So you're a baseball fan. And you want to blog about your favorite team. But you're afraid nobody will catch on -- there are lots and lots of baseball blogs out there, after all, many of them written by pros.
What do you do?
Chicago Cubs fan Joshua Allen had an idea: Create a comic strip to document the season.
Thus, the Obligatory Baseball Blog was born.
It's a little "Calvin and Hobbes" mixed with a lot of baseball fandom, with one character providing a grounded, thoughtful approach and the other louder and more emotive. The drawings are simple -- essentially stick figures -- but effective. Since this is a "blog," the focus is more on words than pictures.
And the theme is pretty consistent: classic Cubs angst mixed with that horrible thing called hope (come to life, quite literally, with Allen's creation, "The Hope Monster"). Sometimes it's funny. Sometimes it's a little PG-13. But it always is true to the plight of the Cubs fan.
We caught up with Allen via email to talk about the blog/comic. His take is below.
What inspired the strip?
"I had done a previous comic and enjoyed working in that medium. I had also done a Cubs blog in 2010 that was in a more traditional format, but it had no real hook, and no one really read it. As spring training started up this season, I got interested in doing a blog on the Cubs again and in restarting my comic. Since my time is limited by a new baby, I decided to combine the two urges."
How long have you been into the Cubs?
"As long as I can remember, though if I had to guess an exact year, it was probably 1984, though I was pretty young. I have vivid memories of [Ryne] Sandberg and [Andre] Dawson and later Mark Grace."
Chicago native, I'm guessing?
"Not really. Born in Washington state, lived in Minnesota. Most of my childhood in Eastern Iowa, then a stint in New Mexico. Graduated high school in Nebraska and went to college in Arkansas. I did live in Chicago later for about three years off and on. Moved to Champaign, Ill., in 2008, and I've been here since."
So what drove the Cubs love? WGN?
"I would say from WGN. My dad started getting into them, I assume, because of the postseason run in 1984, but I think that we kept with them through the harder years because they were the only team on television in Eastern Iowa. I didn't follow them as closely in the prime Sammy Sosa years, because we didn't get WGN in Nebraska, where I lived at the time, so moving to Illinois around 2003 for that run rekindled my interest."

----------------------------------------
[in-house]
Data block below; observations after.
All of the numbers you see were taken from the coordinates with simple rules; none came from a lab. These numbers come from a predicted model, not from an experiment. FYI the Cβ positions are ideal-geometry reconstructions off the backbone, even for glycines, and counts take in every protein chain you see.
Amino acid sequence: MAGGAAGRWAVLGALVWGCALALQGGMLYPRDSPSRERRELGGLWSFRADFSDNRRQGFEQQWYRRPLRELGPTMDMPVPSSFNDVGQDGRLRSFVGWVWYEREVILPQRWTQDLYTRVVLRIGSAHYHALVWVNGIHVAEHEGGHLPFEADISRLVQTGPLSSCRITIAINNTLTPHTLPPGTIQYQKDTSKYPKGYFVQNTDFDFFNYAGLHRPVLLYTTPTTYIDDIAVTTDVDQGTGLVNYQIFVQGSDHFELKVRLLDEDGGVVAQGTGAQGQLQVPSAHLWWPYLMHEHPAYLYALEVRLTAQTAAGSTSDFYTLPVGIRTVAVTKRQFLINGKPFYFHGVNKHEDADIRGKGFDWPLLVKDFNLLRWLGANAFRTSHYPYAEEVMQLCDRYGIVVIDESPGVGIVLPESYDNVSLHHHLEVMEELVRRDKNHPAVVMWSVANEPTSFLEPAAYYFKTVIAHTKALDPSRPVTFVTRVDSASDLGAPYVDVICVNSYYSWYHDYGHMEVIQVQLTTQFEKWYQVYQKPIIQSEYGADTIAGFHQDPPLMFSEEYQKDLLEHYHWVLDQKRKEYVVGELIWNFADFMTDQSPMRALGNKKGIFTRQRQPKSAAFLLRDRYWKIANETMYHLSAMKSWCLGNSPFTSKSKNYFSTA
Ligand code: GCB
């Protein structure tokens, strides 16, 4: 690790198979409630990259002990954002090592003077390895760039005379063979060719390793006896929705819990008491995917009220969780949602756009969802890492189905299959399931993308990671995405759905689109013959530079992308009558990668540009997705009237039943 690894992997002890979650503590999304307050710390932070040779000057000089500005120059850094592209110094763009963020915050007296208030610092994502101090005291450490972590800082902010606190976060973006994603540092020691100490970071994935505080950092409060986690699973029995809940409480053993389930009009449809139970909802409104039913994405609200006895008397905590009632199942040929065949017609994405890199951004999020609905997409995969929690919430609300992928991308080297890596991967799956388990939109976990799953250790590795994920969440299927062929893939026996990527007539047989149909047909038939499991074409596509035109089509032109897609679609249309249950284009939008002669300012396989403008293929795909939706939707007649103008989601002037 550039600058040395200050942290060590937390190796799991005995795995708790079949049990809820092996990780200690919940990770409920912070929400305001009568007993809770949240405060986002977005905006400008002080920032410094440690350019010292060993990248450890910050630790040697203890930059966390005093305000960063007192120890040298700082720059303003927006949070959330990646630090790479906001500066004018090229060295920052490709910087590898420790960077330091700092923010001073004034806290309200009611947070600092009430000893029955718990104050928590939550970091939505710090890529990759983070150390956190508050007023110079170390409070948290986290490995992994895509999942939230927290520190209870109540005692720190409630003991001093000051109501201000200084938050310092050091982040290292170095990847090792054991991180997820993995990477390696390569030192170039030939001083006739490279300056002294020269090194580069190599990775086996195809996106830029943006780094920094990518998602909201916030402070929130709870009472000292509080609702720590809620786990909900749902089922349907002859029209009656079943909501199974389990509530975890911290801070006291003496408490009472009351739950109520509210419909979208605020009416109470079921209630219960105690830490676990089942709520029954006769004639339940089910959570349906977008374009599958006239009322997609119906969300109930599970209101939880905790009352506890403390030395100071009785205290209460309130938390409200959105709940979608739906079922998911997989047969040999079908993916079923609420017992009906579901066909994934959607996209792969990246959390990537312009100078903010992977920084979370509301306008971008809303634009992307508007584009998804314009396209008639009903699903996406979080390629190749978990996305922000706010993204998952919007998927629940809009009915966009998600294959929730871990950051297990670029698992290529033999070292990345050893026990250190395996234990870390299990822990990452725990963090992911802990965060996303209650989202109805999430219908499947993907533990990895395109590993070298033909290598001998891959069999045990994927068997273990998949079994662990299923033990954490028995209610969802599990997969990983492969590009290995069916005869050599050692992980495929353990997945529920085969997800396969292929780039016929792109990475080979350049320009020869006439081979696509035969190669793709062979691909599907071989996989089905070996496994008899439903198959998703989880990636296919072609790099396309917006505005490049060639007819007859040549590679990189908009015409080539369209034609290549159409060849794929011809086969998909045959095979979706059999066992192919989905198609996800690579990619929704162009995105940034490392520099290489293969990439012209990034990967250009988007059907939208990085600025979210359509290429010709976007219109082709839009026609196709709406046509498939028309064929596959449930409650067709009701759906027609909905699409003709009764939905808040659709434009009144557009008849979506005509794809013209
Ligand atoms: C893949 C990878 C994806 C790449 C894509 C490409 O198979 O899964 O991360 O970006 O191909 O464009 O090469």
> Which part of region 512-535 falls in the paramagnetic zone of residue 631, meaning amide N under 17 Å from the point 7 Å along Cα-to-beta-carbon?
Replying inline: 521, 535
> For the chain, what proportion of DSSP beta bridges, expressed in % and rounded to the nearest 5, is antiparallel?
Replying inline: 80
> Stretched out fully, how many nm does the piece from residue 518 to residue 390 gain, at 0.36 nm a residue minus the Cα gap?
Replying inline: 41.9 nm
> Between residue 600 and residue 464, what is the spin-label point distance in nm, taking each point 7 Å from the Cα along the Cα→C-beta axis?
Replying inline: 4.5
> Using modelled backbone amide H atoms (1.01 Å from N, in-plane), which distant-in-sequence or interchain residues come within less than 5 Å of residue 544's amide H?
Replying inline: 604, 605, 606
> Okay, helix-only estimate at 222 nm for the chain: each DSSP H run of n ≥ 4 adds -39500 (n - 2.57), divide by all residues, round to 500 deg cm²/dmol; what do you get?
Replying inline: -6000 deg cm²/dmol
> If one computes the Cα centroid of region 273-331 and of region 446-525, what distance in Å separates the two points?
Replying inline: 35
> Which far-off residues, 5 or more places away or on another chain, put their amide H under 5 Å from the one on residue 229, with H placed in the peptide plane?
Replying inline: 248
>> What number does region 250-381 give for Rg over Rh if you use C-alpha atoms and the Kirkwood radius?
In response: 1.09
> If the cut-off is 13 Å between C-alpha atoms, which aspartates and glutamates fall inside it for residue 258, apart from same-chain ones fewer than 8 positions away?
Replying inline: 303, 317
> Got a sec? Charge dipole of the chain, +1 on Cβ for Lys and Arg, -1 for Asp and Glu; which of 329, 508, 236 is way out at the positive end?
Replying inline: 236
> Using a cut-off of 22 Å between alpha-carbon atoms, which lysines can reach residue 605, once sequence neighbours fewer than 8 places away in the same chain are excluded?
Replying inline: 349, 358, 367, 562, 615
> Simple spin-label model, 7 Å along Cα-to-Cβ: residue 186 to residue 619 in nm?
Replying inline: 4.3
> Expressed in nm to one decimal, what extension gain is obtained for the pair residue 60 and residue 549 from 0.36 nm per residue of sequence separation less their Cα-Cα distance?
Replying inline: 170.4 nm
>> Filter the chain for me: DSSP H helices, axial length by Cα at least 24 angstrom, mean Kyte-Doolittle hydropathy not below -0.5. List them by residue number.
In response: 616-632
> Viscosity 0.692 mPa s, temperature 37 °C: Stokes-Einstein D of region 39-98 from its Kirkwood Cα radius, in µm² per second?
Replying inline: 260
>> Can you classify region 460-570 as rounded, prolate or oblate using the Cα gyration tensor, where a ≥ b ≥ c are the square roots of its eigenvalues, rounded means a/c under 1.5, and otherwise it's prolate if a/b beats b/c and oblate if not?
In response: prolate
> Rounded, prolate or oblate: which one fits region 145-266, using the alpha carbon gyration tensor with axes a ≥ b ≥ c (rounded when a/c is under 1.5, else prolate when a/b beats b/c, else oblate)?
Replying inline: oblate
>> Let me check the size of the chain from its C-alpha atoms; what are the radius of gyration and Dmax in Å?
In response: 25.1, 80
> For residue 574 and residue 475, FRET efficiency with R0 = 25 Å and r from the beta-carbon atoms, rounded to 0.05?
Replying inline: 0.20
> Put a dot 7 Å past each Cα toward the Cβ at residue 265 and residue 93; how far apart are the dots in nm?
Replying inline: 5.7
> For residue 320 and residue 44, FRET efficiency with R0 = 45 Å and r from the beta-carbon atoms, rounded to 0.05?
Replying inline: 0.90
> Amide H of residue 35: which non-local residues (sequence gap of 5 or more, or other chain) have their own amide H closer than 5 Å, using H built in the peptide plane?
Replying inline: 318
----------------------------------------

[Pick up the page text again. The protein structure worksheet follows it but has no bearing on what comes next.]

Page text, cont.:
How did the Hope Monster come about?
"I'm not sure specifically. It was just part of the natural process as I was brainstorming what I might do with this comic. ... I kind of started with the "Wait till next year" [idea] -- knowing that this year was going to be a rough one (Editor's note: The Cubs have the second-worst record in baseball, as of Thursday.) -- and personified that as a weird alien monster. It seemed funny to me and interesting enough to give me several strip ideas."
And what was the inspiration behind the two characters with differing viewpoints?
"I frequent a few different blogs with different viewpoints, so I wanted to play what I saw of as the more traditional viewpoint against some of the newer analytic ideas and to play those off each other. In some sense, too, they are two halves of my personality. I really like the new analytical methods -- I have a math background -- but I also have the passion and I still enjoy the emotion of the game."
Talk about the things you do while you're not doing the comic.
"I actually edit for a small engineering firm in the day. That's the only thing I actually get paid to do. I also write fiction every day, squeeze in the comics when I get time, and I started a literary journal devoted to math-based fiction called "Imaginaire." I also do quite a bit of insect/arachnid photography. ... Also, I have a 1.5-year-old son. I like to keep busy."
So considering all of that ... where do you want the comic to go?
"I'm kind of willing to let the Cubs dictate that. Obviously, we're in for a couple of bad seasons while Theo [Epstein] and company rebuild the team, but even within a bad season there are interesting dramas, such as whether Matt Garza will be extended or traded, sudden retirements, perfect games into the fifth -- stuff like that. I've been trying to let my reactions and my interest spur my creativity, rather than force anything particular on it."
All images courtesy of Joshua Allen and the Obligatory Baseball Blog.